In 1982 Leonard commented on the "incline of quality" and its importance. The increasing importance of quality in the delivery of goods and service was accurately foretold. In 1984, Garvin expanded this concept into the strategic arena, promoting quality as an important strategic weapon for business success. The intervening years have validated these concepts. The "From the Editor" page in the January-February 1991 Harvard Business Review, titled "Ever Closer to the Customer" captured these ideas in 1990's terms. Suppliers must meet customer requirements and help solve problems. They must properly identify who the customer is. They must use customer data to benefit the customers. These points were all illustrated in this local study of suppliers to the metro-Edmonton petro-chemical industry. Failure to accept the responsibility to meet the customer needs will lead to failure. In the global context, service quality is not only a strategy for success, but a condition for survival.

References

Arnold, U., "Global Scourcing -- An Indispensable Element in Worldwide Competition", Management International Review, 1989/4, pp. 14-17.

Berry, L., L. Zeithanal, A. Valarie, and A. Porasuraman, "Five Imperatives for Improving Service Quality", Sloan Management Review, Summer 1990, pp. 29-38.

Cohen, M. A. and Hau L. Lee, "Out of Touch With Customer Needs? Spare Parts and After Sales Service", Sloan Management Review, Winter 1990, pp. 55-66.

Coppett, J. I., "Auditing Your Customer Service Activities", Industrial Marketing Management, November 1988, pp. 272-284.

Cravens, D. W., C. W. Holland, C. C. Lamb, Jr., and W. C. Moncrief, III, "Marketing's Role in Product and Service Quality", Industrial Marketing Management, November 1988, pp. 285-304.

Curry, D. J. and P. C. Riecz, "Prices and Price/Quality Relationships: A Longitudinal Analysis", Journal of Marketing, Jan 1988, pp. 36-51.

Cusumono, M. A. and A. Takeishi, "Supplier Relations and Management: A Survey of Japanese, Japanese Transplant and U.S. Auto Plants", Strategic Management Journal, Nov. 1991, pp. 563-588.

DeSouza, G., "Now Service Businesses Must Manage Quality", The Journal of Business Strategy, May/June 1989, pp. 21-25.

Garvin, D. A., "Product Quality: An Important Strategic Weapon", Business Horizons, May-June 1984, pp. 40-43.

Hayes, H. M. and S. W. Hartley, "How Buyers View Industrial Sales People", Industrial Marketing Management, May 1989, pp. 73-80.

Jackson, R. W. and P. D. Cooper, "Unique Aspects of Marketing Industrial Services", Industrial Marketing Management, May 1988, pp. 111-118.

Kasper, H. and J. Lemmink, "After Sales Service Quality: Views Between Industrial Customers and Service Managers", Industrial Marketing Management, August 1989, pp. 199-208.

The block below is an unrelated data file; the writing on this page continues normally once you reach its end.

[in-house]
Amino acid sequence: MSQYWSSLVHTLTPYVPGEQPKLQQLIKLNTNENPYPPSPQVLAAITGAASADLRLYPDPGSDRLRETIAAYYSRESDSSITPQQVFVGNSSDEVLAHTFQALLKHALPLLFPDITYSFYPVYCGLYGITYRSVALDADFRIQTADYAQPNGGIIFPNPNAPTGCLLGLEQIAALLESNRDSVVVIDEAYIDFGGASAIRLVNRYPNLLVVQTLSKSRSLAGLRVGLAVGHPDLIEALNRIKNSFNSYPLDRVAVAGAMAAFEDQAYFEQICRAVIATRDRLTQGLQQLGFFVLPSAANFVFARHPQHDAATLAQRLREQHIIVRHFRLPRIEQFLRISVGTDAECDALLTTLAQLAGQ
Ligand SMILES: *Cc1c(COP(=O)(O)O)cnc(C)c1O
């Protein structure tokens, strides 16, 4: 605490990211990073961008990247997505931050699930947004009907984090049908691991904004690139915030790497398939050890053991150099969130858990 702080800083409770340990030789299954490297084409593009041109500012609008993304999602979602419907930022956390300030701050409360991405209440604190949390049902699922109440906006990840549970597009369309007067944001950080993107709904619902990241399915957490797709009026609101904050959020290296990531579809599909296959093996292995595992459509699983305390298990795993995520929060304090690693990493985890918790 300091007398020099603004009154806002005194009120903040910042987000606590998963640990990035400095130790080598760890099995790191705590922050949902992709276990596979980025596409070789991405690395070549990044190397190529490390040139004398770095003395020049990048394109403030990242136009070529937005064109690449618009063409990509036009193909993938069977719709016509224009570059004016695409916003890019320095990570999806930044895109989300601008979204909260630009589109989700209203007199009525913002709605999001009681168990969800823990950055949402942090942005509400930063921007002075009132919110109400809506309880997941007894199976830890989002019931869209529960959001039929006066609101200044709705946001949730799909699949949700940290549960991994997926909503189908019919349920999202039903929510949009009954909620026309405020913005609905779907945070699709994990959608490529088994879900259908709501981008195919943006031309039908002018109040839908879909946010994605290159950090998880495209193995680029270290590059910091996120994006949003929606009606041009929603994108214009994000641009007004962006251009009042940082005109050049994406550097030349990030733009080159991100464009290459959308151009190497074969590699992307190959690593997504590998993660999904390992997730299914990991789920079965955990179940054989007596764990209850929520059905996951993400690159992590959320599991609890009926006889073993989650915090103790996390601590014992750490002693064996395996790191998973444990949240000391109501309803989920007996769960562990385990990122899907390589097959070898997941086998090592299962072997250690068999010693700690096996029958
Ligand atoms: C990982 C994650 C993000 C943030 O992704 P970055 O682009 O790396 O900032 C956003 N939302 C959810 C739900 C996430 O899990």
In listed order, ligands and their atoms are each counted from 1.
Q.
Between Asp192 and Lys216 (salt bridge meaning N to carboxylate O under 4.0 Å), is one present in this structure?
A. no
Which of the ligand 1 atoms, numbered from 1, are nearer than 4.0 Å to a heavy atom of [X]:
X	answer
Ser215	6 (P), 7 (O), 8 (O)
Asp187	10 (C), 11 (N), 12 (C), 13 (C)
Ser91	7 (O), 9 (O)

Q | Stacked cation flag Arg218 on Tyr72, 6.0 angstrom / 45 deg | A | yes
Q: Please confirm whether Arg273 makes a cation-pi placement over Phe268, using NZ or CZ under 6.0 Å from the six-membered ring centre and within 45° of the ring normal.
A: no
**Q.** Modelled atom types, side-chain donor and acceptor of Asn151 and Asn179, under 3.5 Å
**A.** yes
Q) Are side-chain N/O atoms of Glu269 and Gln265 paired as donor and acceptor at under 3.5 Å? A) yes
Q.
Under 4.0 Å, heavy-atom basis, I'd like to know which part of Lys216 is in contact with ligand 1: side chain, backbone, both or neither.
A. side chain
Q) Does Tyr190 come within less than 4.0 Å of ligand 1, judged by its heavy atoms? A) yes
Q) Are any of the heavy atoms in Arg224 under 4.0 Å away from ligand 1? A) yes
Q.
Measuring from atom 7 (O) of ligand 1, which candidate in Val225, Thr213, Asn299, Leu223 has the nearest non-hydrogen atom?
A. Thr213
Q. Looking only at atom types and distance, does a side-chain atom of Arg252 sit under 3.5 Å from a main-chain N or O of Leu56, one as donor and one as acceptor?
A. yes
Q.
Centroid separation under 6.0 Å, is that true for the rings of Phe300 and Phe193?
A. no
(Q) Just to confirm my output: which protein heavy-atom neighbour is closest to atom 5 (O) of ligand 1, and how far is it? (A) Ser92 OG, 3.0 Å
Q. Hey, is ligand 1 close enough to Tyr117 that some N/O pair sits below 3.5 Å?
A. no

Kohoutek, H. J., "Coupling Quality Assurance Programs to Marketing", Industrial Marketing Management, August 1988, pp. 177-188.

Leonard, F. S. and W. E. Sasser, "The Incline of Quality", Harvard Business Review, Sept-Oct 1982, pp. 63-74.

Liswood, L. A., "A New System for Rating Service Quality", The Journal of Business Strategy, July/Aug. 1989, pp. 42-45.

Lyons, T. F., A. R. Krachenberg, and J. F. Henke, Jr., "Mixed Motive Marriages: What's Next for Buyer-Supplier Relations?", Sloan Management Review, Spring 1990, pp. 29-36.

McKenna, R., "Marketing is Everything", Harvard Business Review, Jan-Feb 1991, pp. 65-79.

Noordewier, T. G., G. John, and J. R. Nevin, "Performance Outcomes of Purchasing Arrangements in Industrial Buyer-Vendor Relationships", Journal of Marketing, Oct 1990, pp. 80-93.

Powers, T. L., "Identify and Fulfil Customer Expectations", Industrial Marketing Management, November 1988, pp. 273-276.

Reitsperger, W. D. and S. J. Daniel, "Dynamic Manufacturing: A Comparison of Attitudes in the U.S. and Japan", Management International Review, 1990/3, pp. 203-216.

Singh, M. P., "Service as a Marketing Strategy: A Case Study at Reliance Electric", Industrial Marketing Management, Aug 1990, pp. 173-200.

Sonnenberg, F. K., "Service Quality: Forethought, Not Afterthought", The Journal of Business Strategy, Sept/Oct 1989, pp. 54-58.

Weber, C. A., J. R. Current and W. C. Benton, "Vendor Selection Criteria and Methods", European Journal of Operational Research, Jan 1991, pp. 2-18.

Williams, A. J. and W. C. Smith, "Involving Purchasing in Product Development", Industrial Marketing Management, Nov 1990, pp. 315-320.

Author

Barry McIntyre, Manager, Economic Development, Edmonton Economic Development Authority, Engineering Management Lecturer, University of Alberta, Edmonton, Alberta, Canada.
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Title Annotation:Special Issue: Strategic Quality Management
Author:McIntyre, Barry
Publication:Management International Review
Date:Feb 1, 1993
Words:3721